Maybe your small firm can't compete against the Goliaths - but maybe it doesn't need to. Develop your own strategy, put it into practice and then leave it up to the big guys to "compete" against you! Here's how to get started. . .
Solos and small firms have the same resources available to them that large firms have -- although admittedly, in some areas, not on the same scale. They can create websites, develop brochures, publish newsletters, conduct research, produce documents and serve clients just as well as or even better than "the big guys." They merely need to get over their inferiority complex, if it exists, and implement the strategy.
The key to implementing this "tiptoe" strategy lies in six letters: FTCOCS.
"F" is for "focus." The small firm must focus much more sharply than the large firm in a number of areas:
- Types of clients. Firms of all sizes have basically two types of clients: institutions (companies, public bodies, etc.) and individuals. In most cases, the small firm has the edge in serving individuals if it focuses on them and on the types of services they need, such as estate planning, family law, elder law and -- in a growing number of cases -- immigration. The small firm also can compete successfully for institutional clients. More on this below.
- Practice areas. The term "boutique" describes a smaller firm that focuses, or specializes, in one practice area. Intellectual property is an excellent example. Employment law, environmental law, immigration and alcoholic beverage law are others. Litigation also can be a successful niche for a solo or small firm. An Ohio attorney handles complex litigation for major corporate clients by having a cadre of contract lawyers whom he employees as he needs them.
- Industries. Even the largest full-service firms cannot be all things to all people. But the small firm can be all things to a few people by specializing in an industry and becoming a full-service firm to clients in that industry. A few examples: pharmaceutical companies, colleges, shopping centers, restaurants, automobile dealerships, group medical practices.
- Marketing. Don't try to do everything. Focus on a few tactics and execute them well. For example: Websites, newsletters or client alerts (send them via e-mail), booths at trade shows, seminars, videotapes. A small, one-office firm in Illinois has built a national practice by making instructive videotapes and sending them to clients all over the country.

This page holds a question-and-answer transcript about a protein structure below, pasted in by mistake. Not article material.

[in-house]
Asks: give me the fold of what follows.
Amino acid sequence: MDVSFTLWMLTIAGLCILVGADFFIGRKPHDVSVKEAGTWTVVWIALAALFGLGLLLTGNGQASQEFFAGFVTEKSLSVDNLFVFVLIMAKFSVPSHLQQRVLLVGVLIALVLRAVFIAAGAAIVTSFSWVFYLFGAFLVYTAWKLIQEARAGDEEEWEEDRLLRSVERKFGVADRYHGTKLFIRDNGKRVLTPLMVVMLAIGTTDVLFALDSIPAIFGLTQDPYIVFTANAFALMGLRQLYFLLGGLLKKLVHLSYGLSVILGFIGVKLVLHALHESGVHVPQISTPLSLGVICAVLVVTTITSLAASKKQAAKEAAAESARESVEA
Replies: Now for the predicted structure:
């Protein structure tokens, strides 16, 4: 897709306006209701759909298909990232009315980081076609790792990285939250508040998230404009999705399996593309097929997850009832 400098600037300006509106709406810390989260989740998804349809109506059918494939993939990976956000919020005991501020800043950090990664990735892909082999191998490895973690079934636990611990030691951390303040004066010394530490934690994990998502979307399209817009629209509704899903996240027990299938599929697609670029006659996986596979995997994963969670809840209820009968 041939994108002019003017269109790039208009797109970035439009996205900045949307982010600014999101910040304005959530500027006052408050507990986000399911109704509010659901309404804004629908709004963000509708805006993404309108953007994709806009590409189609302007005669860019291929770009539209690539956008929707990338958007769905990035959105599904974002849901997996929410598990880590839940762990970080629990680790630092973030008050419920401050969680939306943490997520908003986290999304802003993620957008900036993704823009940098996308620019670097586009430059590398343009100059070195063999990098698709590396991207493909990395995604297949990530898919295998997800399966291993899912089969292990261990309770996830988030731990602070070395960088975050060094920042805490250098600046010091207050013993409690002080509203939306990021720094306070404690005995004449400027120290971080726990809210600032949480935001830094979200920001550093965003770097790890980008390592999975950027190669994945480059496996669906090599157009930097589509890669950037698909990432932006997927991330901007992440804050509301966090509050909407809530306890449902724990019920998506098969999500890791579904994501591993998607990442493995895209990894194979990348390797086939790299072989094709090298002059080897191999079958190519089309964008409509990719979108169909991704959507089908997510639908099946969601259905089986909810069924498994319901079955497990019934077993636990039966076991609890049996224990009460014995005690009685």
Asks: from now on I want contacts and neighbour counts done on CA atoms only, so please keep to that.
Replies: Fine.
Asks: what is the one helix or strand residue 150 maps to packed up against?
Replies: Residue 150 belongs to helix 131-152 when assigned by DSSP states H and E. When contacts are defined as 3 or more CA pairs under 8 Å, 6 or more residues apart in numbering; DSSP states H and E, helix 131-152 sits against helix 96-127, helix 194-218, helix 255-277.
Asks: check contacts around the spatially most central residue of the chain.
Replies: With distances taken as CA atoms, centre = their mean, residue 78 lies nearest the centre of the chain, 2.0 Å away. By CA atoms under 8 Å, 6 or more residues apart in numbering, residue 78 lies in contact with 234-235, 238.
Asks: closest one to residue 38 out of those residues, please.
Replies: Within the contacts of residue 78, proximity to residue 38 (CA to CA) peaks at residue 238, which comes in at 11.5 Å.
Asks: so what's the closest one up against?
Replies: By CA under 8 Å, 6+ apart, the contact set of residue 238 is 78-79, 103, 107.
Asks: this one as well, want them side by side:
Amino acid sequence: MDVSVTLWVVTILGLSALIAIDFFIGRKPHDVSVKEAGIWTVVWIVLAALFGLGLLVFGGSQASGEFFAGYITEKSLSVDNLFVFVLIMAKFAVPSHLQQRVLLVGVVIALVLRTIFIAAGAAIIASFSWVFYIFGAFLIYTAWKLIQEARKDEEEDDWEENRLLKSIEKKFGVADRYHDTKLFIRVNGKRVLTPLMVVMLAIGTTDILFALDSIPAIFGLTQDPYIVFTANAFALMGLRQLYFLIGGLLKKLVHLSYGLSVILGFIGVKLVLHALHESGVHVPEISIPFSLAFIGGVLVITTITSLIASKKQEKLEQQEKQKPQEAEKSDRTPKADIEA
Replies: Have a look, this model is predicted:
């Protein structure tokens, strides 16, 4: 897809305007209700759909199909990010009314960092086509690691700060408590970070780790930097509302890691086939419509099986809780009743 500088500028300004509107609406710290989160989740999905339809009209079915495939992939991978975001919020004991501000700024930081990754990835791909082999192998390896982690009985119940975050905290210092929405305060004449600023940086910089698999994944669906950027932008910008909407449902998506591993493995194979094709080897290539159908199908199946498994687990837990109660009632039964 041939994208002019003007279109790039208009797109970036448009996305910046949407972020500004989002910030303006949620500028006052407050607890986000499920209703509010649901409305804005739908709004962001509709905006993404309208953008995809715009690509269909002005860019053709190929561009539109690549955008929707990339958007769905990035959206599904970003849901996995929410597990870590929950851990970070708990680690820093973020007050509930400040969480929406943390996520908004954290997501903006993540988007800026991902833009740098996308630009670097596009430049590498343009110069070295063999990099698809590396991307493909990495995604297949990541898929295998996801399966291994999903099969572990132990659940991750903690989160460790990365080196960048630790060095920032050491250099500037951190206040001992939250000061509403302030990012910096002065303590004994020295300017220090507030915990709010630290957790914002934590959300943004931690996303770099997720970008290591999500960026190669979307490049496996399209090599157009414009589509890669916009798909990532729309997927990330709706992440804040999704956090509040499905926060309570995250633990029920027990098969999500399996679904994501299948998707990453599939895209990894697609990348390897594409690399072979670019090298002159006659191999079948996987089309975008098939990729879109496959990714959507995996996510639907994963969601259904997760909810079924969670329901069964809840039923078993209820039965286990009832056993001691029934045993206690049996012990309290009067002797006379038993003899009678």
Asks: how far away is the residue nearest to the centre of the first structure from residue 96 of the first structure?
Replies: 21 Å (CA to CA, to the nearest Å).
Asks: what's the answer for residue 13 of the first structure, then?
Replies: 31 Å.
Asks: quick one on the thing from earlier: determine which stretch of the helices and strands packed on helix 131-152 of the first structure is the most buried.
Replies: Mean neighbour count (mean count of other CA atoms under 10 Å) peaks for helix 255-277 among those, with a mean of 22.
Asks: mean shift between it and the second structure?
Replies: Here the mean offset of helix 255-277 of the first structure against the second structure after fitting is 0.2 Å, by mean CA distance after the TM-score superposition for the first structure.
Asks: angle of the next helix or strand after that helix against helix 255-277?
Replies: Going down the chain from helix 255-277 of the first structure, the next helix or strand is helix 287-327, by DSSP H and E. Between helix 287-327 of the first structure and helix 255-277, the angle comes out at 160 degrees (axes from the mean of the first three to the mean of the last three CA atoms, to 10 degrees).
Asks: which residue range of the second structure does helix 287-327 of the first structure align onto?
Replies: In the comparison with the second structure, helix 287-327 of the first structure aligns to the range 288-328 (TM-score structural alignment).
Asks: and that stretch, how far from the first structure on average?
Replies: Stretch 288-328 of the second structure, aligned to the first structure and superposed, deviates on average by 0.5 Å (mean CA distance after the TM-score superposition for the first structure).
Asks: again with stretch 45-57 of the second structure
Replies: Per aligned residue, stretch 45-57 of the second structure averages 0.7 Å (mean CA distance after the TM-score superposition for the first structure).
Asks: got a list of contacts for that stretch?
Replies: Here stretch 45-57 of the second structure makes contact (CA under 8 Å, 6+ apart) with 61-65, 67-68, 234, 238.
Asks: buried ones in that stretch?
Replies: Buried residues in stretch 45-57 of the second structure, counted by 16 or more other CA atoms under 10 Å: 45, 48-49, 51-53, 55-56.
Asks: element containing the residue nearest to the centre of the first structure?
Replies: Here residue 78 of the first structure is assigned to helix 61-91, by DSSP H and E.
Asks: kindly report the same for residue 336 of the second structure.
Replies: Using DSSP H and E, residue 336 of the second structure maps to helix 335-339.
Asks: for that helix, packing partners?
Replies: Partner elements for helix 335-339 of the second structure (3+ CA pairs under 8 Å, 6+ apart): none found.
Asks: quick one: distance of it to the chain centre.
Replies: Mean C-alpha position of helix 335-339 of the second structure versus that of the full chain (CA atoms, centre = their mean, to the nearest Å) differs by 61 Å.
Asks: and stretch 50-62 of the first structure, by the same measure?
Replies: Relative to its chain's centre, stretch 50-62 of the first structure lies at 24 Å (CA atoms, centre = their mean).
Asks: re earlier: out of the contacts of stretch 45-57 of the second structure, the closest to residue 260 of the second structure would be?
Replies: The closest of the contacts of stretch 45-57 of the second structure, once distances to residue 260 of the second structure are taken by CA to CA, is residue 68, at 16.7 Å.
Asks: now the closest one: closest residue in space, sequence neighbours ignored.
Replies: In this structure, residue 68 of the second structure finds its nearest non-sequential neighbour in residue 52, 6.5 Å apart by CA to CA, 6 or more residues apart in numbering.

"T" is for "technology" - a powerful competitive weapon. Everyone now can have access to information and research that used to be limited to large firms with extensive resources. Document assembly and retrieval is now available to any size firm. And the Internet has helped equalize the competition among law firms of different sizes. A solo in the Midwest, for example, has built a national immigration practice without leaving his office.
Small firms must be creative, particularly in their marketing and client service (more on that below). A well-designed website that is informative, not just firm-focused puffery, will bring new business. E-mailing informative (there's that word again!) newsletters and client alerts, as mentioned above, not only builds a firm's reputation but brings new business.
Small, easy-to-read brochures are effective. For industry-focused firms, presenting a well-done booth at trade shows also can help develop firm recognition and bring business. Creativity is also essential in the old, tried-and-true marketing basics: "Publish or perish" and "speak or suffer."
Creativity extends to pricing. Fixed fees, hourly rate plus contingency, reverse contingency and blended rates are all possibilities for a small firm to be more creative in its fee structure than its giant competitors.
Outstanding Client Service
Focus, technology and creativity all can be brought to bear in client service. But for the small firm to stand out against the giants, it must promise "OCS"-"outstanding client service." This means being proactive as well as reactive. Learn the client's business and industry. Don't just "return phone calls promptly"; place calls to clients to keep in touch between matters and to find out how they are doing. Go visit them, even when there are no legal matters to discuss. Offer to conduct in-house seminars for their people. And be alert for ways to help them in other areas: Recommend an accountant, real estate agent, travel agent or even a good babysitter.
Two firms in Pennsylvania have created an interesting approach to client service. They each bundle various menus of services, at fixed fees, for small business owners. The client can choose those services it feels it needs. In effect, these firms serve as the client's in-house legal department.
Final point: Not every lawyer or staff member will be a "salesperson" who brings in new clients. But everyone in the firm can and must be a marketer by doing something. Write an article, give a talk, join and become active in a group, track a lead, shake a hand.
Don't envision yourself as meeting the big firms head-on. Start tiptoeing around their footprints, and see how successful you will be.